19 May 2023

On nuclear power, the SNP is at odds with the Scottish people


Thirty-three miles east of Edinburgh, just off the A1 trunk road, sits the Torness power station. Completed in 1988, for 35 years it’s been generating clean electricity capable of powering 2 million UK homes, providing 730 direct jobs in the process. In 2028, however, it will stop generating and begin the long decommissioning process.

As things stand, Torness will be the last operational nuclear power station in Scotland. There’s one reason for this: the Scottish National Party’s long-standing ideological opposition to nuclear power.

When the UK Government published its Energy Security Strategy last year, which outlined plans to accelerate building up to eight new nuclear power stations in England and Wales, the Scottish Government were quick to say they would use their planning veto to block any new nuclear projects in Scotland.

Scotland’s Energy Secretary at the time, Michael Matheson, argued that the focus should instead be on accelerating the decarbonisation of the energy network and ramping up investment in energy efficiency.

Yet nuclear actually provides a reliable base-load of power that can underpin and complement a majority renewable grid. Unlike renewables, nuclear provides energy even when the sun does not shine and the wind isn’t blowing. 

Despite the rhetoric of the SNP, 30% of electricity generation in 2021 in Scotland came from nuclear, the highest share of all four UK nations. In fact, last year, Torness itself generated enough clean electricity to meet the needs of every single home in Scotland for nine months. This avoided 2.5m tonnes of carbon emissions, the equivalent of taking 1.2m cars off UK roads for a year. Nuclear remains a crucial tool if we want to decarbonise our country’s energy network.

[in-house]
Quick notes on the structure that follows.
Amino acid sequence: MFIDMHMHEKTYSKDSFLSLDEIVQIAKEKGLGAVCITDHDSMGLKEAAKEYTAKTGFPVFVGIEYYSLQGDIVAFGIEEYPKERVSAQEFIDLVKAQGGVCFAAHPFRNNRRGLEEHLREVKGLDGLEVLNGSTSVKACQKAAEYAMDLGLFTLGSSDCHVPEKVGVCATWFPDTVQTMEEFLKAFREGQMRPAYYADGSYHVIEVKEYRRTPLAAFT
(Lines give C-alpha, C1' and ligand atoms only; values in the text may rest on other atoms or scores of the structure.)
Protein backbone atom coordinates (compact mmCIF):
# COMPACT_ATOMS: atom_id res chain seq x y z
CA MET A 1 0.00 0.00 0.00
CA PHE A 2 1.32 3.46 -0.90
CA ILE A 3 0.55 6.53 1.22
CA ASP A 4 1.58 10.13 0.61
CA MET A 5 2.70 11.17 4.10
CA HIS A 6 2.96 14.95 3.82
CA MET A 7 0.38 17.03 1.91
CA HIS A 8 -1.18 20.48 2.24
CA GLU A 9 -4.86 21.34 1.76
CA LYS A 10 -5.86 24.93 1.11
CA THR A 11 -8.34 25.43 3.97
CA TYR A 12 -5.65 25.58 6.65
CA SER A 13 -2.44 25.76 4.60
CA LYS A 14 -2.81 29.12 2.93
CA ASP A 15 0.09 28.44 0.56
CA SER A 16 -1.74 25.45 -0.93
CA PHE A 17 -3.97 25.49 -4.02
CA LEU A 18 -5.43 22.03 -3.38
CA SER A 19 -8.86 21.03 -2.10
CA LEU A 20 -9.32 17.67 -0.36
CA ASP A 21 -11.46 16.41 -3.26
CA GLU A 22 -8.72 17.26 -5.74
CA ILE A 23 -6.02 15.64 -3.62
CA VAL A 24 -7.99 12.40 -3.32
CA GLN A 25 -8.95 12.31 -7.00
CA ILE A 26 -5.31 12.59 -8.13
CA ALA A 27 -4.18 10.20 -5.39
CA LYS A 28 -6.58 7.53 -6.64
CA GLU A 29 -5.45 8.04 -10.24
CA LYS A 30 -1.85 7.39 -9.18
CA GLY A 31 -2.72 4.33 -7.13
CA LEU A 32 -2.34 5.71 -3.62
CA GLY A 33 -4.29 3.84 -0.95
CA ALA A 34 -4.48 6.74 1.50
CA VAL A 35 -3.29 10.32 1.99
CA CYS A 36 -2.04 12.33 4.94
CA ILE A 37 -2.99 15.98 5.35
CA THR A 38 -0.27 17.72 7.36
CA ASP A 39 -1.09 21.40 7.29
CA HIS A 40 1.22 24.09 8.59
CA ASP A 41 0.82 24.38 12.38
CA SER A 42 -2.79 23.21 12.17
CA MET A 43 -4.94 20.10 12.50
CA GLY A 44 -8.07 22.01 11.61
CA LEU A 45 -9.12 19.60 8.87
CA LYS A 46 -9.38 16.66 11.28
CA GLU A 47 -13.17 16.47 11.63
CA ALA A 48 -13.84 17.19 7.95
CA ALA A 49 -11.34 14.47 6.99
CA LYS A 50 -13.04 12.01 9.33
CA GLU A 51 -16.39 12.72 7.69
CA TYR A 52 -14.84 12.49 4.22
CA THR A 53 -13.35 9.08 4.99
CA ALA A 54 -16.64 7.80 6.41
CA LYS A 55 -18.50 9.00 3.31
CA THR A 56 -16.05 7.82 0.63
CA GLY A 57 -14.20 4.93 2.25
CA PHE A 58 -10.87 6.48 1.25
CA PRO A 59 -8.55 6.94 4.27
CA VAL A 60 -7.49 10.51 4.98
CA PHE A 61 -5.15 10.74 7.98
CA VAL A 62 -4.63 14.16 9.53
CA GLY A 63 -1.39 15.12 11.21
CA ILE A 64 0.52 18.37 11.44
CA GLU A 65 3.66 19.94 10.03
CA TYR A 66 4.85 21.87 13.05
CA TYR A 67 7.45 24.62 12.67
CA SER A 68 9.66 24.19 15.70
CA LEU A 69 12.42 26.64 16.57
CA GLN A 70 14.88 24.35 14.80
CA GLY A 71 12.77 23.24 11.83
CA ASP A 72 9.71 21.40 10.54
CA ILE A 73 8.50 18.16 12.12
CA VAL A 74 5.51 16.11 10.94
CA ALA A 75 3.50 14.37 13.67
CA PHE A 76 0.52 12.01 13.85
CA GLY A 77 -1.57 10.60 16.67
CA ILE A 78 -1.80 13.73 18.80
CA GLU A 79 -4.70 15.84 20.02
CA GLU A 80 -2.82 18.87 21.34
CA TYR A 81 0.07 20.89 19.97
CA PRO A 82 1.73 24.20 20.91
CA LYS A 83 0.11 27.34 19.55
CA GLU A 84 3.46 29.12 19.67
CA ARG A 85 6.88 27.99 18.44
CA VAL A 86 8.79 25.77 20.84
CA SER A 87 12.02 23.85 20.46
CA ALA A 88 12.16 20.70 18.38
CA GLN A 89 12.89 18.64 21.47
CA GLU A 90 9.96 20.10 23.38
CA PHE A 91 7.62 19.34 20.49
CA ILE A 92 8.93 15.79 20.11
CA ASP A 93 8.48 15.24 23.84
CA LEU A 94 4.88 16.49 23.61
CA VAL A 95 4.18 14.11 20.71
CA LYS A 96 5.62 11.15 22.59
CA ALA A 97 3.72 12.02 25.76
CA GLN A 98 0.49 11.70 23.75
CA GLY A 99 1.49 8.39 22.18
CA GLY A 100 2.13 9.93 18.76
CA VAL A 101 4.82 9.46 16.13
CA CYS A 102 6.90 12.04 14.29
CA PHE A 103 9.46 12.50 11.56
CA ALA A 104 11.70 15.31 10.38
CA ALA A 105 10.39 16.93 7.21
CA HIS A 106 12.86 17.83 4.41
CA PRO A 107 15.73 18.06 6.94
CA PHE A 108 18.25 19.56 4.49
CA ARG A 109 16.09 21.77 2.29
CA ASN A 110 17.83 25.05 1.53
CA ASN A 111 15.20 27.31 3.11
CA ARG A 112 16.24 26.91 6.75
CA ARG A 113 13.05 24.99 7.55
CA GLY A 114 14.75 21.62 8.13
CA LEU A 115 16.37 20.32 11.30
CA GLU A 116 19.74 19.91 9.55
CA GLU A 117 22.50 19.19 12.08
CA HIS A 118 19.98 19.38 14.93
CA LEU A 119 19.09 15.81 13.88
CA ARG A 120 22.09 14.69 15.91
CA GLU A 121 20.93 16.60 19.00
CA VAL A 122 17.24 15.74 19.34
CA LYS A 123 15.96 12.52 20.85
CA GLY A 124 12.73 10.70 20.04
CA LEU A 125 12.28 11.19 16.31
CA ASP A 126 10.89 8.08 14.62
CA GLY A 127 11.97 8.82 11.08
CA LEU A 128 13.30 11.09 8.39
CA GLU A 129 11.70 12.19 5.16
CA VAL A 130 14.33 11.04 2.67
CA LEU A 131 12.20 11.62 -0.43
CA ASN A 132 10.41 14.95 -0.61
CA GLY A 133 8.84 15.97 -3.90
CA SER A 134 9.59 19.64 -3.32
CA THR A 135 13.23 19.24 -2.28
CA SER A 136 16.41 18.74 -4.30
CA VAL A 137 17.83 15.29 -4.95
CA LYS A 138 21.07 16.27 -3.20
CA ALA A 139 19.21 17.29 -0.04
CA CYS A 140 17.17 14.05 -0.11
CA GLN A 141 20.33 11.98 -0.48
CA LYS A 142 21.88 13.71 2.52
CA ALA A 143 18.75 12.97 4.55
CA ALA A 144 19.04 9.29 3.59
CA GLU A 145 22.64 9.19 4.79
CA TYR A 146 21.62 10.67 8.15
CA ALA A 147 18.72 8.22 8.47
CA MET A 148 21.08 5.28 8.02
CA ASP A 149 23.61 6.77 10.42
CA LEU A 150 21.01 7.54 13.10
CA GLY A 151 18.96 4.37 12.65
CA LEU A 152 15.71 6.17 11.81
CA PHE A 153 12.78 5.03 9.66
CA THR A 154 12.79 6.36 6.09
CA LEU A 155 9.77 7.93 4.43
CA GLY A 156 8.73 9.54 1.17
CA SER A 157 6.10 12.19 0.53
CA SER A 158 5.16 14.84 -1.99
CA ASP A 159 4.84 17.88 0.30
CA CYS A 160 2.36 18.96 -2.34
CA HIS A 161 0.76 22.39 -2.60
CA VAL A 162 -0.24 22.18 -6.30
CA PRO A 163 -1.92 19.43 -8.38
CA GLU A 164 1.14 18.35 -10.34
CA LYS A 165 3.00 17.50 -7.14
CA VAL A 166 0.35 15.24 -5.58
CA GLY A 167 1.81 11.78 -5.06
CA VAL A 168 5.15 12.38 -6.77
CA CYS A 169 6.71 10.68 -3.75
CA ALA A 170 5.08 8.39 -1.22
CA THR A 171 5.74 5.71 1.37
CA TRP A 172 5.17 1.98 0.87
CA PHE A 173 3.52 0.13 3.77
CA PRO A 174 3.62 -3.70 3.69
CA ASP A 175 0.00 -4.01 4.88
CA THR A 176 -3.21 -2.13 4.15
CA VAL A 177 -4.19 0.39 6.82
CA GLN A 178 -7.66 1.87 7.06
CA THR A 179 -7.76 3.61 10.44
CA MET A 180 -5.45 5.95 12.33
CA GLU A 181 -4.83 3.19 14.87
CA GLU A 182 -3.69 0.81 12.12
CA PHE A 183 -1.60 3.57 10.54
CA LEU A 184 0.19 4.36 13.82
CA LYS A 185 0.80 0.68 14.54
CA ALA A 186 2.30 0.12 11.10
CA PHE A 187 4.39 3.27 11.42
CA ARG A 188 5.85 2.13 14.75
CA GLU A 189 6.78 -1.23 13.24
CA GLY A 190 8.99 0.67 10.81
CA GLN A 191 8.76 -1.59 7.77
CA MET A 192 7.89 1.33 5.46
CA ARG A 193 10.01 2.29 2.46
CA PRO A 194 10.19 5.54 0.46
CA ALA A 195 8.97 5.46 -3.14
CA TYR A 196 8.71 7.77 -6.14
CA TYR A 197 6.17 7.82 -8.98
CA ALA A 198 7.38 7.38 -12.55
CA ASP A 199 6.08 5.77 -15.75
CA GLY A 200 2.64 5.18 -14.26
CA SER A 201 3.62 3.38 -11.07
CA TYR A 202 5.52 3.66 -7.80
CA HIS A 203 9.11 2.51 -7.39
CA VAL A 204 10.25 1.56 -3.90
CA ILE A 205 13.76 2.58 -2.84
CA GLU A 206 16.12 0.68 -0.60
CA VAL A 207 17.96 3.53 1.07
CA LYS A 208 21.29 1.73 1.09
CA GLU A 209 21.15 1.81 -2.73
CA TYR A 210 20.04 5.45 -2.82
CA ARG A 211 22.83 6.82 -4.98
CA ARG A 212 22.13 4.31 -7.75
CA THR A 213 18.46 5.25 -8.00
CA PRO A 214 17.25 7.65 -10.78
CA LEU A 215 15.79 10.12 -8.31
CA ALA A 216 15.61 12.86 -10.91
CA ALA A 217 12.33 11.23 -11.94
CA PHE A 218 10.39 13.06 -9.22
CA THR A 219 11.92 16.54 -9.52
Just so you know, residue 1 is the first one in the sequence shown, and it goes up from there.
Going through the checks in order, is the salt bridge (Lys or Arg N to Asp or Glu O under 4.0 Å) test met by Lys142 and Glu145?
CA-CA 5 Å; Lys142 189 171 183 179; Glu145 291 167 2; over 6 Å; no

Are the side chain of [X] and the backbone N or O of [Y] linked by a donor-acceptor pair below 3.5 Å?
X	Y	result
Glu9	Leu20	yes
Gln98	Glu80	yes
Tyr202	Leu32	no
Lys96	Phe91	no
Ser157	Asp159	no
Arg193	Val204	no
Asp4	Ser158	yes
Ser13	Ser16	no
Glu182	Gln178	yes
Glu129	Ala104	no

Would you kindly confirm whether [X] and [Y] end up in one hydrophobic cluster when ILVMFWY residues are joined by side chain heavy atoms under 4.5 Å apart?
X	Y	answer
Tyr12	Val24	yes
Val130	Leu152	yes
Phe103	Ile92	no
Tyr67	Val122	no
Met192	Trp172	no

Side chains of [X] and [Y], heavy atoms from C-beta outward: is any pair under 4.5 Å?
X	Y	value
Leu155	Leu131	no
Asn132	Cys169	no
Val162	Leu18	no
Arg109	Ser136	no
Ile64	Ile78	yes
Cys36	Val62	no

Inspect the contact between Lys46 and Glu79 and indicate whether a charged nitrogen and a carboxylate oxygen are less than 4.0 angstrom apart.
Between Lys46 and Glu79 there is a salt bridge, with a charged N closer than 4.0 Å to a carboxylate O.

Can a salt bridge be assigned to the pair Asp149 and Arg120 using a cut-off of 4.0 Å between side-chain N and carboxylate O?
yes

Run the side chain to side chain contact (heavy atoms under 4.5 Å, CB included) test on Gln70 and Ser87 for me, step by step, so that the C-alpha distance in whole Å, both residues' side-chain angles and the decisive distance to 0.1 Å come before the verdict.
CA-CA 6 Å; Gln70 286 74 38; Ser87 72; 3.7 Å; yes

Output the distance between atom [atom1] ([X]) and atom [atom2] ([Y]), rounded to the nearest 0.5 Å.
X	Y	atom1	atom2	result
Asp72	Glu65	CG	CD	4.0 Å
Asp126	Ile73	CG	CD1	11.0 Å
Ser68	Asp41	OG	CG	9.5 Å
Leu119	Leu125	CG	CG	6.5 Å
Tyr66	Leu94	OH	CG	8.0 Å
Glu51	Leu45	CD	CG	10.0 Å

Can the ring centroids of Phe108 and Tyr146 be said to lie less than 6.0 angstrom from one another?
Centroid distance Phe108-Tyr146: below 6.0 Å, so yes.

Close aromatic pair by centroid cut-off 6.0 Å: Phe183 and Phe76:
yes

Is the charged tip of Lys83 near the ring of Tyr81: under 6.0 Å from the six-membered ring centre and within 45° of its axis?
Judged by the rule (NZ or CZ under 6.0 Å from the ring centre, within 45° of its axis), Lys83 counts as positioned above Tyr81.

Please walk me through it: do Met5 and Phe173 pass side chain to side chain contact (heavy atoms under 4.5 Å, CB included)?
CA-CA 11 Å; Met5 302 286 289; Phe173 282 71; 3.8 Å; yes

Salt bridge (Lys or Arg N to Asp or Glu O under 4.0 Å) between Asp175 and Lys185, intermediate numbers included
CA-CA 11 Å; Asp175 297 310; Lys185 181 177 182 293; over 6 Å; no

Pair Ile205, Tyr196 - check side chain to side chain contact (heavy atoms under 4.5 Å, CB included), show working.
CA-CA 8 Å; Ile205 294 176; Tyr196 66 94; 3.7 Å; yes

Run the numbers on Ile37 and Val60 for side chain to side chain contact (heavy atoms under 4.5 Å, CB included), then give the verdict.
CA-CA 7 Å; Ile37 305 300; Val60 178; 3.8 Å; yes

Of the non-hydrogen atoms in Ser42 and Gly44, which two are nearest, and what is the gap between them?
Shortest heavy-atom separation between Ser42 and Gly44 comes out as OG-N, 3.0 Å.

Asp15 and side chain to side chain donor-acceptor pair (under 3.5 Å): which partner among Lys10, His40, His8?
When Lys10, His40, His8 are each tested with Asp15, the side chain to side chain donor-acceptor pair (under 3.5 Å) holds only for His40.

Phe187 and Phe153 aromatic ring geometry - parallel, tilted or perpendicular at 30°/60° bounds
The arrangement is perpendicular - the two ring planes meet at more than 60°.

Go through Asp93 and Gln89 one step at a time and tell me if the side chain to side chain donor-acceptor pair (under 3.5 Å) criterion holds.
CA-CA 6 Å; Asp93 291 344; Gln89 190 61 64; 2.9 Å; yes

Contrary to Scottish Government policy, people in Scotland are beginning to agree with this sentiment. Britain Remade, the organisation I work for, this week polled Scots on their views on nuclear. A majority (54%) think that nuclear power should be included in Scotland’s energy mix in order to hit the country’s 2045 net zero target.

Most strikingly, the SNP are at odds with a plurality of their own voters, with 44% of those who voted for them in 2019 also agreeing on the importance of nuclear, while 39% oppose. 

In many ways this is unsurprising.  An overwhelming majority of Scots we polled (84%) were concerned about Britain’s reliance on importing energy from other countries. The aftermath of Putin’s illegal invasion of Ukraine has caused global gas prices to spike. Household electricity bills have more than doubled 35% of households in Scotland are now in fuel poverty. It’s clear that many see getting new nuclear built as a solution to Scotland’s energy security needs.

New Small Modular Reactor (SMR) technology could play a major role in providing Scotland with safer, reliable, clean energy, As SMRs are a small fraction of the size of a full-scale nuclear plant, they can be sited at a wider range of locations. This means many former coal or industrial sites in Scotland could be repurposed, with the technology securing a long-term future for sites such as the Grangemouth Refinery, where Rolls-Royce SMR have explored a project, protecting jobs as Scotland decarbonises its economy. But we can only proceed with these projects in Scotland if the Scottish Government’s ban on new nuclear power is dropped.

Sky-high energy bills are not an inevitability, but the direct result of a political choice not to build. The Scottish Government is at odds with the people it serves in its effective ban on nuclear. Removing this ban is necessary if we want to unlock reliable, low-carbon, baseload power that can make our country energy secure.

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Jeremy Driver is Head of Campaigns at Britain Remade.

Columns are the author's own opinion and do not necessarily reflect the views of CapX.